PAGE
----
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Two experiments were conducted to determine whether adult age differences in working memory should be attributed to less efficient processing, a smaller working memory storage capacity, or both. In Experiment 1, young, middle-age, and older adults solved three addition problems before giving the answers to any. Older adults added as well as young and(More)
Three hypotheses regarding the locus of age differences in working memory were examined in an experiment in which young, middle-aged, and old adults remembered the names of persons standing in line while also performing mental addition. Instructions as to the relative importance of these two tasks were manipulated. The results are highly compatible with the(More)
Four experiments are reported in which participants attempted to remember three or six concrete nouns, presented as pictures, spoken words, or printed words, while also verifying the accuracy of sentences. Hypotheses meant to explain the higher recall of pictures and spoken words over printed words were tested. Increasing the difficulty and changing the(More)
Subjects constructed four-term linear orders from three sentences expressing the relationships between adjacent elements in the order. Successful performance was more likely when the second sentence introduced only one element not mentioned in the first sentence rather than two new elements and when the second and third sentences introduced new elements as(More)
An experiment was conducted to see if the laboratory findings of poorer recognition memory performance and more cautious responding by elderly adults could be duplicated in a nonlaboratory setting using common, everyday objects. Thirty old and 30 young adults were asked to sort drawings of the top side of a United States penny and of a pushbutton telephone(More)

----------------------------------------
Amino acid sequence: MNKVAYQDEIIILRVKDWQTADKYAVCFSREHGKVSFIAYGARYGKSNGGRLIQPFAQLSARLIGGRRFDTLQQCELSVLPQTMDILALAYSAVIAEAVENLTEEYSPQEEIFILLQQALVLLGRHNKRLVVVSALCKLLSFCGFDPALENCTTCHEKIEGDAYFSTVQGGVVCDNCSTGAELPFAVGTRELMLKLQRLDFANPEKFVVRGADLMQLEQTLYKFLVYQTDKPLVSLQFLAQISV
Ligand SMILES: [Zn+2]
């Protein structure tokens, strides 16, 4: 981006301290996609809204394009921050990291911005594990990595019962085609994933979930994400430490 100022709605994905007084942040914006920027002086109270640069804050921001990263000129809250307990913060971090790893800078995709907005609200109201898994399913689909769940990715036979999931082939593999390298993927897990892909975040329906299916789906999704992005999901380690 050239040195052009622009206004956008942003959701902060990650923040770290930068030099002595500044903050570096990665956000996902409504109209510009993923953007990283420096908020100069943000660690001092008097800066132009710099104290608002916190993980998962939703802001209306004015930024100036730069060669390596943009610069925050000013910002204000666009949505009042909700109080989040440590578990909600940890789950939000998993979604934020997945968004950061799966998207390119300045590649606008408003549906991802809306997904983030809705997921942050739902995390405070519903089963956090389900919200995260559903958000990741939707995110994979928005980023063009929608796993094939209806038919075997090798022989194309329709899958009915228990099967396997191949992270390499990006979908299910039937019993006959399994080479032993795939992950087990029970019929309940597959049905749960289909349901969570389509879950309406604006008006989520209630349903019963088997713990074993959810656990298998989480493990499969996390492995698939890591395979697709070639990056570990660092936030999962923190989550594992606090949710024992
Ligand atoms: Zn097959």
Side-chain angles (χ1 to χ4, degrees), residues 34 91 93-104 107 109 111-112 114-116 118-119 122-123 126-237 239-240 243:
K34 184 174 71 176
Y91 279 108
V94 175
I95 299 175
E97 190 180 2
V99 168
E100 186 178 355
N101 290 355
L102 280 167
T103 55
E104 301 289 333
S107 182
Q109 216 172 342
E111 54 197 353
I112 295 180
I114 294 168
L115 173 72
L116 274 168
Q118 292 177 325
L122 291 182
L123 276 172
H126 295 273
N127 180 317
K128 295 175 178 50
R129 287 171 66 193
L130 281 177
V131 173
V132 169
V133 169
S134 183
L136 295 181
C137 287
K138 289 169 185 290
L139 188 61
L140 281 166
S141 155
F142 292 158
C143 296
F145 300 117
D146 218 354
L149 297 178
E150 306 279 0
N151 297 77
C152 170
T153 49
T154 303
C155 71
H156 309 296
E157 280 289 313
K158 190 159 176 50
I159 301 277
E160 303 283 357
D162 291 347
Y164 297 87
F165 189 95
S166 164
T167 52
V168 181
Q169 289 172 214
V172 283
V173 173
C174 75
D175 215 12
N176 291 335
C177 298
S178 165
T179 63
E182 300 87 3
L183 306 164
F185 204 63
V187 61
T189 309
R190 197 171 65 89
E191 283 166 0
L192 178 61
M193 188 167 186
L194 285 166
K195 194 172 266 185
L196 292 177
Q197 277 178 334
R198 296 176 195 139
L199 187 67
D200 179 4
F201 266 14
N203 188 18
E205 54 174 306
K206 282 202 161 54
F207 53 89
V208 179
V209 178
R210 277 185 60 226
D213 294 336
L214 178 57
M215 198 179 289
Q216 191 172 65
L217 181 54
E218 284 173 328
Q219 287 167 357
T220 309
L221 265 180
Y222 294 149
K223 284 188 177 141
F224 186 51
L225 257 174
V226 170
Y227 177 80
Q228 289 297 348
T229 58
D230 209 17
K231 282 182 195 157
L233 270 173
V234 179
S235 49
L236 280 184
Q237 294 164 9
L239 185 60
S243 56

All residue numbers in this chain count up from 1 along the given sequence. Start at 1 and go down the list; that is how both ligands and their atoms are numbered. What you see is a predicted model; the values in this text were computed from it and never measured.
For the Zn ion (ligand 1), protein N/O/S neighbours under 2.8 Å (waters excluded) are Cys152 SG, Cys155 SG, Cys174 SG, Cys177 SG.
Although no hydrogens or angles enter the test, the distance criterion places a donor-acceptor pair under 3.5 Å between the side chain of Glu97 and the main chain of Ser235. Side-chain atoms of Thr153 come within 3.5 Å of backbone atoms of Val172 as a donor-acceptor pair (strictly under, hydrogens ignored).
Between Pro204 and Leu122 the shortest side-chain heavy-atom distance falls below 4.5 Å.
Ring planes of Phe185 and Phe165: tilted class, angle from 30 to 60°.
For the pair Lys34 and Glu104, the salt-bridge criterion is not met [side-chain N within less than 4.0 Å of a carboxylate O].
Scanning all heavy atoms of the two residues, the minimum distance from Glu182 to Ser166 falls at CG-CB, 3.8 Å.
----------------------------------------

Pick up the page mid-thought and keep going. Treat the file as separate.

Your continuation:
The performance of 97 young and 91 old persons were compared to determine if a deficiency in working memory resources for processing, storage, or allocation could be detected. Persons simultaneously performed a storage and one of two processing tasks while instructed to allocate resources to processing, storage, or both tasks. The storage task involved(More)
The authors examined ratings of facial attractiveness, rankings of faces and reasons given by young, middle-aged, and older men and women for young, middle-aged, and older male and female face attractiveness. No support for predictions derived from similarity, interest, and cohort hypotheses was obtained. In support of the expertise hypothesis, young and(More)
In three experiments, we examined the separate cognitive demands of processing and storage in working memory and looked at how effective the coordination was when items for storage varied in format/modality. A sentence verification task involving arithmetic facts was combined with a span task involving two to six items presented in picture, printed word, or(More)
  • P W Foos
  • 1980
Three experiments investigated the construction of one- and two-dimensional cognitive maps from presented sentences containing information about adjacent pairs of items in the map. Sentences were of the form The item is X of the item or The item has the item on its X side when items were high-frequency nouns and X was the adjective north, south, east, or(More)
This work combines presentation formats to test whether bimodal conditions offer advantages or disadvantages relative to single formats in working memory performance. A dual task that included recall of 3 or 6 items while verifying the accuracy of math sentences was used in 2 experiments. When comparisons were made between single- and dual-format(More)